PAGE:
Time per day     : Unlimited            Turns per day       : 250
Planetary Trade %: 60%                  Steal from BUY port : Yes
Initial fighters : 30                   Clear Busts Every   : 7 Days
Initial credits  : 300                  Last Bust Clear     : Today
Initial holds    : 20                   Multiple Photon fire: No
Sectors in game  : 1000                 Display StarDock    : Yes
Start with planet: Yes                  Classic Ferrengi    : Yes
Production Rate  : 5% / Day             Max Regen per Visit : 100%
Tournament Mode  : Off                  Invincible Ferrengal: No

Report Settings

High Score Mode    : On demand          High Score Type   : Values
Rankings Mode      : On demand          Rankings Type     : Values + Titles
Entry Log Blackout : None               Game Log Blackout : None
Port Report Delay  : No Delay

Delays

Ship Attack/Move : Third (1/3 s/t)      Planet Move    : None
Other Attack     : None                 Rob/Steal      : Constant (2 s)
Photon Launch    : None                 Photon Blast   : None
Ship IG          : None                 Planetary IG   : None
Dock/Depart      : None                 Land/Takeoff   : None
Drop/Take Mines  : None                 Drop/Take Figs : None
Planet Transport : None                 Ship Transport : None
EtherProbe Move  : None                 GenTorp Launch : None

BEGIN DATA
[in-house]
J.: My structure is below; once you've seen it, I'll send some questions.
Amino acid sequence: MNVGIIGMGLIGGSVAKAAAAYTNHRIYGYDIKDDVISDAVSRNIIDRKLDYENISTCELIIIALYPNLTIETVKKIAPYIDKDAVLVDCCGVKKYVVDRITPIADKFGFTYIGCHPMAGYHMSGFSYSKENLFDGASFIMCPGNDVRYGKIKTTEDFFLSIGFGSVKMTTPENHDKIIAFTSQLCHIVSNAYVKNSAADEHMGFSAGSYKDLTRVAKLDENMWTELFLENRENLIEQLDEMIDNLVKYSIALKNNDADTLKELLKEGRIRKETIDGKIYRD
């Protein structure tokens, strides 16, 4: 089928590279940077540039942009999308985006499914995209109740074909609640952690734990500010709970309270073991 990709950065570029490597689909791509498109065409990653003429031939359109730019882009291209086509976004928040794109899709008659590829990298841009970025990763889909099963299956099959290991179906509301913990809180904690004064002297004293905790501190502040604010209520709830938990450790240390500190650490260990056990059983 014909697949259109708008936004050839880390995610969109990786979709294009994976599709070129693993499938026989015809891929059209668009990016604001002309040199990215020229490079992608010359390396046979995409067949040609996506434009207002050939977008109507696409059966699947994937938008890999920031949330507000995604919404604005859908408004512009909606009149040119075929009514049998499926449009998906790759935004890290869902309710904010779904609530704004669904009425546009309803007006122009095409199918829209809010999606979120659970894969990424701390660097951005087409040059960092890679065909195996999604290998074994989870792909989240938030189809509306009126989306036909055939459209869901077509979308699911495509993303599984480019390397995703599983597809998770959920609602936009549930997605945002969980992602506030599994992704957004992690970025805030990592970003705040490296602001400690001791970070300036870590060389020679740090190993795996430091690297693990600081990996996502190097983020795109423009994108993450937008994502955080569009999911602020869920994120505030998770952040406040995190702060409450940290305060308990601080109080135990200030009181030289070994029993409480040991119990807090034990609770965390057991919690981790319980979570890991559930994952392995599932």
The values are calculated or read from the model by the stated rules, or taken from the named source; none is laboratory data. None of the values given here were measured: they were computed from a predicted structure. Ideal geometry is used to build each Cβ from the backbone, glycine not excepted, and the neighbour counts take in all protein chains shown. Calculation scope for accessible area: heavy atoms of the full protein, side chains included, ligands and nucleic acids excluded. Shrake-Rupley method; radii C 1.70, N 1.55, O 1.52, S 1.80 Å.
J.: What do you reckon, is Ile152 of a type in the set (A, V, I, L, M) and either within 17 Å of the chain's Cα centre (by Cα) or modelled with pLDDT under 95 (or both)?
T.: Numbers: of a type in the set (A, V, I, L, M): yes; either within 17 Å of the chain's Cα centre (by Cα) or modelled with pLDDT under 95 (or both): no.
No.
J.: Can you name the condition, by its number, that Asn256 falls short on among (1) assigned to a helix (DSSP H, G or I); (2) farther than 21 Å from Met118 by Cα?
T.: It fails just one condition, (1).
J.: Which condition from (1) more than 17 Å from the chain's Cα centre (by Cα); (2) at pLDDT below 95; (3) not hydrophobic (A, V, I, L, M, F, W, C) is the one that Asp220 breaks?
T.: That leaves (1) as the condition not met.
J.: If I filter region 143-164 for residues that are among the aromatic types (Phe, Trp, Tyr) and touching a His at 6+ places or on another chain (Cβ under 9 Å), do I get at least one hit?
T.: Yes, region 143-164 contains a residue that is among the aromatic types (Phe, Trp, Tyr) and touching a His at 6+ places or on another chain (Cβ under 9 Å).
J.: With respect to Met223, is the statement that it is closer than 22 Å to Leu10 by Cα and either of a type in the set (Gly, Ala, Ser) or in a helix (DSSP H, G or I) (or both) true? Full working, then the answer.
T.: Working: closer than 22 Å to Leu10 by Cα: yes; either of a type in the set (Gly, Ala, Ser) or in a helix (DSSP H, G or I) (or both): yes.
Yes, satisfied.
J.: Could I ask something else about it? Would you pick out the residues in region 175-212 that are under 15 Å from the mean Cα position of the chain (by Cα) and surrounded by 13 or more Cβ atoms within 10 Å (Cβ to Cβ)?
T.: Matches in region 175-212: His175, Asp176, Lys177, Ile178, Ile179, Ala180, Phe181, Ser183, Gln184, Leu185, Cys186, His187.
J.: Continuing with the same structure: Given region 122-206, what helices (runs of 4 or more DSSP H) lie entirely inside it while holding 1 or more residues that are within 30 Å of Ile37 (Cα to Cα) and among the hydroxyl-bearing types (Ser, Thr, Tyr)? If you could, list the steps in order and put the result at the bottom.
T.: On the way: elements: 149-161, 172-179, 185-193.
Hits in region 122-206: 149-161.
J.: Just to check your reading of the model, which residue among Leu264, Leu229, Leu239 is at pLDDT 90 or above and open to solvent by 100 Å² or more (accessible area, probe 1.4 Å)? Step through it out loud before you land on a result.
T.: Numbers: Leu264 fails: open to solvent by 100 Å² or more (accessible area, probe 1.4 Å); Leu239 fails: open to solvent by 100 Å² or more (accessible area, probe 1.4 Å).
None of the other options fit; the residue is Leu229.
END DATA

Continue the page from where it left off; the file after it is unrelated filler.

IO Emulation

Input Bandwidth  : 1 Mps Broadband
Output Bandwidth : 1 Mps Broadband
Latency          : 150 ms    : 150 ms

Sonoff S31: I Cannot Imagine a Better Smart Outlet!

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I’ve been a big fan of the Sonoff lines of products, starting with the Sonoff and Slampher back in 2015 and then again last year with the Sonoff TH and POW products. I’ve liked them primarily for two reasons: they’ve been based on the ESP8266 and because they are comparatively inexpensive. I’ve tried other products, namely the Belkin WeMo, and I’ve found that the Sonoff products compare favorably in nearly every category. I was really excited when the Sonoff S31 became available—it was by far their most appealing product to date.

With the prior Sonoff products, there was a tiny little bit of assembly required. Not too much, mind you. But you did have to hack into the power cords of your devices, or in my case, I’d cut up little power-extension cables and wire them up. I must admit that hacking these power cords up and integrating the Sonoff products actually wound up being a bit of a selling point for me. It was a bit fun to have to do the wiring, but I could see how that might scare off consumers that are not as eager to play with electricity.

Nothing bad ever happened with my Sonoff products, mind you. The worst thing that happened was that I put a couple together poorly and had to deal with some devices losing power after one of the wires worked loose. Electrocuting myself was never an immediate concern, but I’d be lying if I said it didn’t cross my mind from time to time. However, it made me wonder what might happen if my friends at ITEAD were to try and build a product a bit more finished, like the Belkin WeMo. What would that be like? How would it compete against the other devices like the WeMo?

Enter the Sonoff S31